Even though Velazquez is in the painting, the focal point is the kings daughter, Margarita, who was a very small child at the time. In fact, many referred to her as an infant, but she is obviously older than what society considers an infant in todays society. She is surrounded by her ladies in waiting, two dwarfs, and a large dog. Margaritas nurse and bodyguard are positioned behind the child and are conversing. Two of the most interesting points in the painting are the mirror and the door which take a position further in the back than the other subjects.
In the mirror the reflection of the king and queen can be seen which symbolize the reflection of both parents in the child. The man in the doorway is the queens chamberlain. The door and the chamberlain is incredibly detailed for items that far in the background. The primary question asked about the painting, Las Meninas, is who is the subject of the painting on which Diego Velazquez is working. It seems obvious that the subject is the princess Margarita because that is the only reason a small child would be in the studio.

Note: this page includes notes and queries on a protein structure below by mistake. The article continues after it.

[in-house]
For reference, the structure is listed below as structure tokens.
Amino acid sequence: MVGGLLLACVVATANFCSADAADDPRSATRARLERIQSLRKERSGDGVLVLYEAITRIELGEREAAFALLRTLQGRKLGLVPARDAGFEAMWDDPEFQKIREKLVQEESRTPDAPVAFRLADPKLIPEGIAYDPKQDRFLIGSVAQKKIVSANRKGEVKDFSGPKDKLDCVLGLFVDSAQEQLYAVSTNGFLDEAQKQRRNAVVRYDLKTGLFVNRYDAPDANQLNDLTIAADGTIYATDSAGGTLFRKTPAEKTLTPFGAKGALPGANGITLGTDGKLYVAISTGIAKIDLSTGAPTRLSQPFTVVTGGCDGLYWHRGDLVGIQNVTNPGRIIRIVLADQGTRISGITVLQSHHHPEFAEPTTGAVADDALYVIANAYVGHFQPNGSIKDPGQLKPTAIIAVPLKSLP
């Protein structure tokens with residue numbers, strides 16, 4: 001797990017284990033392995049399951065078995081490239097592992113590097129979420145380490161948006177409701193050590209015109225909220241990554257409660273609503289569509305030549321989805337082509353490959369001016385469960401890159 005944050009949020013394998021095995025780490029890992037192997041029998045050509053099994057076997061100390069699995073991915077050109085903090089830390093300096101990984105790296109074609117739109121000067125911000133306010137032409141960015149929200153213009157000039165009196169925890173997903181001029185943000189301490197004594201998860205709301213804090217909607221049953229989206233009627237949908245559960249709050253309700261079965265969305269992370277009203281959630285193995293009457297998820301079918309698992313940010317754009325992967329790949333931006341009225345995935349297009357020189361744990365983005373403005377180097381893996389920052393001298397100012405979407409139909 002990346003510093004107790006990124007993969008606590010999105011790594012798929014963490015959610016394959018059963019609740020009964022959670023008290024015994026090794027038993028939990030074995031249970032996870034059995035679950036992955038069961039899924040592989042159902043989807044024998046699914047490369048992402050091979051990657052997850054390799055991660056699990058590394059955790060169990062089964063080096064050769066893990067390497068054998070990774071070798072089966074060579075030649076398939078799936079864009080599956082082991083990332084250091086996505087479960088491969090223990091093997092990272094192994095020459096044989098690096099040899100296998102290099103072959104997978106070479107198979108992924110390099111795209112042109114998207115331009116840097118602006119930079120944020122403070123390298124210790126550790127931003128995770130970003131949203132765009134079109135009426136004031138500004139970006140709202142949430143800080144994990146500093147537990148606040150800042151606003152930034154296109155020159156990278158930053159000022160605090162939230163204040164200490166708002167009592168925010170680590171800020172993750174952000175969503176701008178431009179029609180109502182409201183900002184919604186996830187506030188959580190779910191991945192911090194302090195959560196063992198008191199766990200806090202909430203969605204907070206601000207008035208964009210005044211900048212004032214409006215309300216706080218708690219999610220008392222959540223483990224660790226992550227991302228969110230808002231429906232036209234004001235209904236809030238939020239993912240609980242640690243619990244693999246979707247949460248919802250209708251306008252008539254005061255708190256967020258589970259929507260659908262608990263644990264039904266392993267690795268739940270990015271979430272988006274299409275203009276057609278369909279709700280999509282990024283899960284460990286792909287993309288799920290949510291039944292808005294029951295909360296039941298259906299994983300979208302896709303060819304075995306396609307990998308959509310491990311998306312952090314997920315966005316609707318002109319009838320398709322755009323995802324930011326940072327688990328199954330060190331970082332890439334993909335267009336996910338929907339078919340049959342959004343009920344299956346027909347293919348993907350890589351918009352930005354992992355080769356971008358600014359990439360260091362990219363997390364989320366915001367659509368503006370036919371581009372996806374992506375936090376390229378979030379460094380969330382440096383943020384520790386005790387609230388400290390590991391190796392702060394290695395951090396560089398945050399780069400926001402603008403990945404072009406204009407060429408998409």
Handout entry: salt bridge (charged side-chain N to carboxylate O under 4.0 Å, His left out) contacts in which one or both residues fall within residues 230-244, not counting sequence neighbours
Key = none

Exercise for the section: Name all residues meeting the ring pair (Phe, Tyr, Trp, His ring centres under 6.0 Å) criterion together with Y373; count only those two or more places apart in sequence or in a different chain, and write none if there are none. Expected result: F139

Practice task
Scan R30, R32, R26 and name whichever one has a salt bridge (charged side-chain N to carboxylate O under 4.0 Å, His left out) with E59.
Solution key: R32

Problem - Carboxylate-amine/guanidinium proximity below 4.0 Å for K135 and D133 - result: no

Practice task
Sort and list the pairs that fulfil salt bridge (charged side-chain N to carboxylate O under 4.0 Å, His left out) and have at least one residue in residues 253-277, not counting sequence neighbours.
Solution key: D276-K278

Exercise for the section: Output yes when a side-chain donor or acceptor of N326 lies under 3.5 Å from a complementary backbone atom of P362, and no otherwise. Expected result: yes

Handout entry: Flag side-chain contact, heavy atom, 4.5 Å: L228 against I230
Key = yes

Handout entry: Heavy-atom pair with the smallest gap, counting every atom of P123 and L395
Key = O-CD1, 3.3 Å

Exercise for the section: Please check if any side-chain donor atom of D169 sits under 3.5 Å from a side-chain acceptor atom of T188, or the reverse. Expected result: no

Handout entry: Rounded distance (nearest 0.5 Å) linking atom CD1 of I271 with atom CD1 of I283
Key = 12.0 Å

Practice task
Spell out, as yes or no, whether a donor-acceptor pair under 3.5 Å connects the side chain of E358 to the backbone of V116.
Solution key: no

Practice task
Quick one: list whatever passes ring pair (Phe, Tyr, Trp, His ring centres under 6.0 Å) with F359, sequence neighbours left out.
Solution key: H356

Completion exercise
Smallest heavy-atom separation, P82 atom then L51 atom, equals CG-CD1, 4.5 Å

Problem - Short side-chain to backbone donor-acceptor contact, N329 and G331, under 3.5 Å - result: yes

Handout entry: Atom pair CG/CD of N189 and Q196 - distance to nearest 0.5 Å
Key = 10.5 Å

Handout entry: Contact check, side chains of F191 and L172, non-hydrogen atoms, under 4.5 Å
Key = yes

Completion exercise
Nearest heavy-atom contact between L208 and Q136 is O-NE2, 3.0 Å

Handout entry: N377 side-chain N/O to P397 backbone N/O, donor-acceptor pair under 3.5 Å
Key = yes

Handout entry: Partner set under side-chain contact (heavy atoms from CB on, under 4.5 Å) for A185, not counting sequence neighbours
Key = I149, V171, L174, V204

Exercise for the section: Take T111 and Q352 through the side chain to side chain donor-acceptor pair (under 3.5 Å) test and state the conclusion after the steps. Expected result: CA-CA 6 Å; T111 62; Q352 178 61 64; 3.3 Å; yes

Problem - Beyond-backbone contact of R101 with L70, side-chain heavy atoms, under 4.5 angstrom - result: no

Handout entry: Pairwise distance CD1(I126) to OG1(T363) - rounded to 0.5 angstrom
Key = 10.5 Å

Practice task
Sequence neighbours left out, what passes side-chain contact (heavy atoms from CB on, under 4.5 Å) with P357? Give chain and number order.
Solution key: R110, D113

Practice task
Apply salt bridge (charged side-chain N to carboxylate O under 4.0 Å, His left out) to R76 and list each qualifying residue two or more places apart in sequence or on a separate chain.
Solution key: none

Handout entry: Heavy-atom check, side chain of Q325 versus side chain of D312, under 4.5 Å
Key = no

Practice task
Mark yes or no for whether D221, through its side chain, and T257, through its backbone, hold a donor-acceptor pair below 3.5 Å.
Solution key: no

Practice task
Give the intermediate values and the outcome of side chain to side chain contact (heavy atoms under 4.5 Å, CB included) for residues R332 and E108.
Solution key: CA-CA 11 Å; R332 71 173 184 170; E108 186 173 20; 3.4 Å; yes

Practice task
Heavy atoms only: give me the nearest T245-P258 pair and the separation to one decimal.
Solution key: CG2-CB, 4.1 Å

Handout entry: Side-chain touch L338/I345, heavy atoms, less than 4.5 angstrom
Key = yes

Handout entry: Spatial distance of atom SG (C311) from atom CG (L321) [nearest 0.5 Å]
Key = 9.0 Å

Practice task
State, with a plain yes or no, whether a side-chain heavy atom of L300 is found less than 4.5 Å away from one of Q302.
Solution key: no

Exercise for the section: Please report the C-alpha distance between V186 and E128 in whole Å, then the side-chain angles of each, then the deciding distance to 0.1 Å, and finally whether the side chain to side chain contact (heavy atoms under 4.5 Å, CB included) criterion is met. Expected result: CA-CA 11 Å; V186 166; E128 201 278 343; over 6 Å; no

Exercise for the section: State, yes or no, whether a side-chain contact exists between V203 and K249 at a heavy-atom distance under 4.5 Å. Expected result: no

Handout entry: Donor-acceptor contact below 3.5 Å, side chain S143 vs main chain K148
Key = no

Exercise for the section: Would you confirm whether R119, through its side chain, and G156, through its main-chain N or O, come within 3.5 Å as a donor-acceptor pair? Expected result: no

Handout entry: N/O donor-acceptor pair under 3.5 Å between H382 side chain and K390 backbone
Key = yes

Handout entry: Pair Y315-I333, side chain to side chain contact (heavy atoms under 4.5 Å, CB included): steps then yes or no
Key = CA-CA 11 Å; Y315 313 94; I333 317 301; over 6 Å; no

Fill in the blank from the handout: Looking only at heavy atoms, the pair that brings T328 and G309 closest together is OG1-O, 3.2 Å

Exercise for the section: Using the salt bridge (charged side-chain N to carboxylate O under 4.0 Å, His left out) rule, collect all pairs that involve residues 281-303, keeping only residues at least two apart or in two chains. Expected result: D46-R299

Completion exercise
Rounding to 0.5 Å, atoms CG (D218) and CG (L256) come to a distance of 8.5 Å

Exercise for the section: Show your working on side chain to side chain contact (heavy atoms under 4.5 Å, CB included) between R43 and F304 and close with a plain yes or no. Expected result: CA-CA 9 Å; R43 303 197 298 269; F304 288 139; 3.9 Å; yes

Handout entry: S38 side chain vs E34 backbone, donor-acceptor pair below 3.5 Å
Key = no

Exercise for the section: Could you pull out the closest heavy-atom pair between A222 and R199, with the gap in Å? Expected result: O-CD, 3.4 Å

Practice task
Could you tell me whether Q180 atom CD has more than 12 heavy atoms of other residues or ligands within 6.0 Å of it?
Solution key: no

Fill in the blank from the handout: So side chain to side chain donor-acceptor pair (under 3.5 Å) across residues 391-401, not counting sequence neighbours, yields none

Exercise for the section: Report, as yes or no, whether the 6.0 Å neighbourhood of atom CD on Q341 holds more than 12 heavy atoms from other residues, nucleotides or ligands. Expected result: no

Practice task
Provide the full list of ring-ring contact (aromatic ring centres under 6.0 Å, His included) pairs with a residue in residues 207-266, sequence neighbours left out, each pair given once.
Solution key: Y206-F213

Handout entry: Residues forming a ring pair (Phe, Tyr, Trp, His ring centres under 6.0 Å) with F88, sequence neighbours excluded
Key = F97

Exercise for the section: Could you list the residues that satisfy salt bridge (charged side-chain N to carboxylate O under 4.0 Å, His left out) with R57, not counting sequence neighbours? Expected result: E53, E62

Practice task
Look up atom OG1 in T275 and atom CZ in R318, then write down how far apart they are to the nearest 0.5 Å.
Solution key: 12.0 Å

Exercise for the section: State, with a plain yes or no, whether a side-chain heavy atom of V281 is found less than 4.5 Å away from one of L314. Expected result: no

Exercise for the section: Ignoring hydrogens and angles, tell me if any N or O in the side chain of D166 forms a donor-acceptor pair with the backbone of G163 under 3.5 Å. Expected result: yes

Anyone who has dealt with a toddler knows that he/she can be sweet and entertaining, but he/she is also hard to control. There are paints, brushes, and chemicals in an artists studio that could be detrimental to a child. The different colors of the paints would catch the eye of the child and he/she would be drawn to them. Therefore, the child would be brought into the studio only for his/her portrait to be painted.
Clarke, K. Kenneth Clarke: Velazquezs Las Meninas. Retrieved April 22, 2008 from http://www. artchive. com/meninas. htm Velazquez, D. Las Meninas. 1656.